The second man-made object in history has now broken free of the sun’s influence and embarked on the long, cold journey into interstellar space:
After launching in 1977, NASA’s trailblazing spacecraft Voyager 2 has finally escaped the heliosphere, the Sun’s protective bubble of charged particles. It follows in the path of its sibling, Voyager 1, which crossed into interstellar space in 2012.
The Sun’s solar wind makes up the heliosphere, which surrounds all the planets in our solar system. The boundary where the hot solar winds of the heliosphere end and give way to the cold interstellar medium is known as the heliopause, and it’s also the border of interstellar space. On November 5, 2018, instruments aboard NASA’s Voyager 2 spacecraft sent back data indicating the craft had crossed the heliopause. The craft is now traveling and collecting data in interstellar space more than 11 billion miles (17 billion kilometers) from Earth.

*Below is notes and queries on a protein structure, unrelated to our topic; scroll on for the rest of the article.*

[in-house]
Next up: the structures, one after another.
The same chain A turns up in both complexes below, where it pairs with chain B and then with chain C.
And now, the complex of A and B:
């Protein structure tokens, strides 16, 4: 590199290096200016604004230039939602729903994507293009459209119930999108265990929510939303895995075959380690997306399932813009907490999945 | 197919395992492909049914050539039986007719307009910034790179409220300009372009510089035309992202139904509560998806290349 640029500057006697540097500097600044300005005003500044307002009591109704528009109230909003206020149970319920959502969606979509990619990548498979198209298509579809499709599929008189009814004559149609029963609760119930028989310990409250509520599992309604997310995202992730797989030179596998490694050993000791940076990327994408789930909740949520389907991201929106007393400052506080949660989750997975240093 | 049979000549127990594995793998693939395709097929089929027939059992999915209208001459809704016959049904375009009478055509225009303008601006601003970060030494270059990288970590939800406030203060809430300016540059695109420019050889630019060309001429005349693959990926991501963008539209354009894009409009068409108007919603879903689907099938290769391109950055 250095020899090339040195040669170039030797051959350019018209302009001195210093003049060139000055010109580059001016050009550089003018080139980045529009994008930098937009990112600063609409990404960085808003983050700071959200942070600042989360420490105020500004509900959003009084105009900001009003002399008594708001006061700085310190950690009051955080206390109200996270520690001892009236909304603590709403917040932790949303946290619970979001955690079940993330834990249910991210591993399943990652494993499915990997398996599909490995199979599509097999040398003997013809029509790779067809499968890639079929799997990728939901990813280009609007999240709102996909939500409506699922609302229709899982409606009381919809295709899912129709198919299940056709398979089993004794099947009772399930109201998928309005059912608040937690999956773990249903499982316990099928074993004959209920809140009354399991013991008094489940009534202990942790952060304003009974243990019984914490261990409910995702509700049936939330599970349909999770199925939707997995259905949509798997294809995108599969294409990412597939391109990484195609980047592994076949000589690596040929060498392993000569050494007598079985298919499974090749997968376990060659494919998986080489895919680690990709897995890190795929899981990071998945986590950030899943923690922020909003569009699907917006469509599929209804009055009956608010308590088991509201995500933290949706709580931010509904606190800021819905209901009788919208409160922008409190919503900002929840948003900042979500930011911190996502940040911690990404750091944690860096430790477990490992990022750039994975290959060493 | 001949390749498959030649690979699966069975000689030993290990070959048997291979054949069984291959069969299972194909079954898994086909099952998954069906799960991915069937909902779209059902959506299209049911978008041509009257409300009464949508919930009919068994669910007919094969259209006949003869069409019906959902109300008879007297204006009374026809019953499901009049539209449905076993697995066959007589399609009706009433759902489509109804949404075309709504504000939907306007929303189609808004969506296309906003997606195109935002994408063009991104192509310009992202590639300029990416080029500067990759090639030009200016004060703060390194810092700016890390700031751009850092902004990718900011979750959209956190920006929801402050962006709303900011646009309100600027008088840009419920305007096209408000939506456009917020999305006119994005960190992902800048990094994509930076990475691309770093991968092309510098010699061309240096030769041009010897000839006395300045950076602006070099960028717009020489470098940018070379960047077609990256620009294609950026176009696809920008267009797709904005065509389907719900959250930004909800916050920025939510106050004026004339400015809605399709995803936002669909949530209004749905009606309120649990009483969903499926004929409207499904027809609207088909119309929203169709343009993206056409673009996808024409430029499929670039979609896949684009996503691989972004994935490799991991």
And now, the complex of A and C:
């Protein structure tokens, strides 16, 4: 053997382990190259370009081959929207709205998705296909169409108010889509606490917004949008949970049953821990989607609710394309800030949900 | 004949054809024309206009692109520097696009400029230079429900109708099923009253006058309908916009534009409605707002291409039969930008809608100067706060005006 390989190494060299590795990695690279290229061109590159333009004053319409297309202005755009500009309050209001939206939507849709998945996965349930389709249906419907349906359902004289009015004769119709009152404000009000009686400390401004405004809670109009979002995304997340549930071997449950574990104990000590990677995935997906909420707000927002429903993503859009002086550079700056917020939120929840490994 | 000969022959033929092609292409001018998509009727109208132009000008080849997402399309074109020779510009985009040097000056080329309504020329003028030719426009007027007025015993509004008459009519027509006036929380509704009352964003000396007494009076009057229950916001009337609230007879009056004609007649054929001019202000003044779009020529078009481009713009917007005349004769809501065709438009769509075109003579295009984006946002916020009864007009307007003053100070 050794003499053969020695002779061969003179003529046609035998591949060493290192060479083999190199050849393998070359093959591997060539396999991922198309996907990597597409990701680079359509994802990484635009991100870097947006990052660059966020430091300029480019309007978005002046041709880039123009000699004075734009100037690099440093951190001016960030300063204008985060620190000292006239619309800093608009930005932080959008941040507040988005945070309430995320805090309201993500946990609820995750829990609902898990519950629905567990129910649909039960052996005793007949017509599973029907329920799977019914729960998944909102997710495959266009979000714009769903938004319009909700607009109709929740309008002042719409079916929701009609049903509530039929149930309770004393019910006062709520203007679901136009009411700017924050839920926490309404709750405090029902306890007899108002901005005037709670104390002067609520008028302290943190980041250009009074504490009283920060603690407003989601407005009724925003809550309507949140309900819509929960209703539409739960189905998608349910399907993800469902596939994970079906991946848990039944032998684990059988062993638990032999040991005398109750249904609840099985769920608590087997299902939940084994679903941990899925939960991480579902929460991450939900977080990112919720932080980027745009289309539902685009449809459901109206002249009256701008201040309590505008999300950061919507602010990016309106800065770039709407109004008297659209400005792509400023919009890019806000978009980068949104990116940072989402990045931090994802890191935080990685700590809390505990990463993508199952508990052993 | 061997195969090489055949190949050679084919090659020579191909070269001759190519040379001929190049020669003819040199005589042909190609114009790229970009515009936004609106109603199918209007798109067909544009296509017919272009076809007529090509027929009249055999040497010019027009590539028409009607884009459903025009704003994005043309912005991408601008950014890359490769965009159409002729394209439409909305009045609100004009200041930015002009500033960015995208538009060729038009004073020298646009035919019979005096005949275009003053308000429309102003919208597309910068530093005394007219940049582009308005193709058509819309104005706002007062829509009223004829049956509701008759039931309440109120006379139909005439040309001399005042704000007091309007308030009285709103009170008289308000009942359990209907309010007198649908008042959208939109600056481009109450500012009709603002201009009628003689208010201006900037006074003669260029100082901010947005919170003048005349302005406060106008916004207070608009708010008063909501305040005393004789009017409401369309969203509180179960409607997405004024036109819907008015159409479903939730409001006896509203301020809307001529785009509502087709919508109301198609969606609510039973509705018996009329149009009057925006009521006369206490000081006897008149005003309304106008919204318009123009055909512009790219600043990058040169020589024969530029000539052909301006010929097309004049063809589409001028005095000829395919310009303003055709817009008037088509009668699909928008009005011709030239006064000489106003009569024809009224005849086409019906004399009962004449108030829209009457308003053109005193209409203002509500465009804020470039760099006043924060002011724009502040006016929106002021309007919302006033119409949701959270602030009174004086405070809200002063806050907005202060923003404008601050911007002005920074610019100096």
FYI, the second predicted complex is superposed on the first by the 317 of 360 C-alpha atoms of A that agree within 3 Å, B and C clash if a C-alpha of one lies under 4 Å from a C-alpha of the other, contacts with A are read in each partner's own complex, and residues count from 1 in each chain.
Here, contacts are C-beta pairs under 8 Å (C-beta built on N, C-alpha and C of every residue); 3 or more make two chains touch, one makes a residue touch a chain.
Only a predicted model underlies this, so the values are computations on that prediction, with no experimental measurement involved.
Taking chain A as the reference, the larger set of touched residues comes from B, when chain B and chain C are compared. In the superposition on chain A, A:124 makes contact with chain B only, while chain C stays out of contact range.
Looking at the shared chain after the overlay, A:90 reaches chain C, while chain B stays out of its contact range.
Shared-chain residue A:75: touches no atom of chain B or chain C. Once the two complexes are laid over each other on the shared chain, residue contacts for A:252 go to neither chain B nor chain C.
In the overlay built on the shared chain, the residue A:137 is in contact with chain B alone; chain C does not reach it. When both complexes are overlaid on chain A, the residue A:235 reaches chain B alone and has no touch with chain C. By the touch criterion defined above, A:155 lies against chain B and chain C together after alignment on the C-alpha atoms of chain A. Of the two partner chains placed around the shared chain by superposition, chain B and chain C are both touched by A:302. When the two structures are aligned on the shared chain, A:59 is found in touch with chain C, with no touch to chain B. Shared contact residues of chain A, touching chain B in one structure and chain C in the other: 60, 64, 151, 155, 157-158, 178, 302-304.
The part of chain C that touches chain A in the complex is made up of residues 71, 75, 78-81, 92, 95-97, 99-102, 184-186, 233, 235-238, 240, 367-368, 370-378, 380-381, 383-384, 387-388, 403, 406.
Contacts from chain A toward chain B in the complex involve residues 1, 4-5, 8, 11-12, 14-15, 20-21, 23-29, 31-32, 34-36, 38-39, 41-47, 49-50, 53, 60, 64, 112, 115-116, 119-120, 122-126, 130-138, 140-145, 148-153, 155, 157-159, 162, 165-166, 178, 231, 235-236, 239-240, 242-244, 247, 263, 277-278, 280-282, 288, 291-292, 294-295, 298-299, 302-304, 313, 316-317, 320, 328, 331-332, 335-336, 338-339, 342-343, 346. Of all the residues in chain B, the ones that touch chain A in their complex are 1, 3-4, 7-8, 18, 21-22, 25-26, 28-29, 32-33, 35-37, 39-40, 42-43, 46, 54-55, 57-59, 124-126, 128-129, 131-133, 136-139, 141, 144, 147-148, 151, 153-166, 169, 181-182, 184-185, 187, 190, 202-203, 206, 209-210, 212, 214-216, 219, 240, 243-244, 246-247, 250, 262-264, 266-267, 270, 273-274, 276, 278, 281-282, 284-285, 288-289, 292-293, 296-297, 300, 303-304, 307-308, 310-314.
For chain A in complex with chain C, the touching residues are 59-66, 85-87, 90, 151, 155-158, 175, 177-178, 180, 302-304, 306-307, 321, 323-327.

Speaking of space, this caught my eye:
In a study published March 9 in The Monthly Notices of the Royal Astronomical Society, astronomers announced the discovery that all disk galaxies rotate about once every billion years, no matter their size or mass.
“It’s not Swiss watch precision,” said Gerhardt Meurer, an astronomer from the International Centre for Radio Astronomy Research (ICRAR), in a press release. “But regardless of whether a galaxy is very big or very small, if you could sit on the extreme edge of its disk as it spins, it would take you about a billion years to go all the way round.”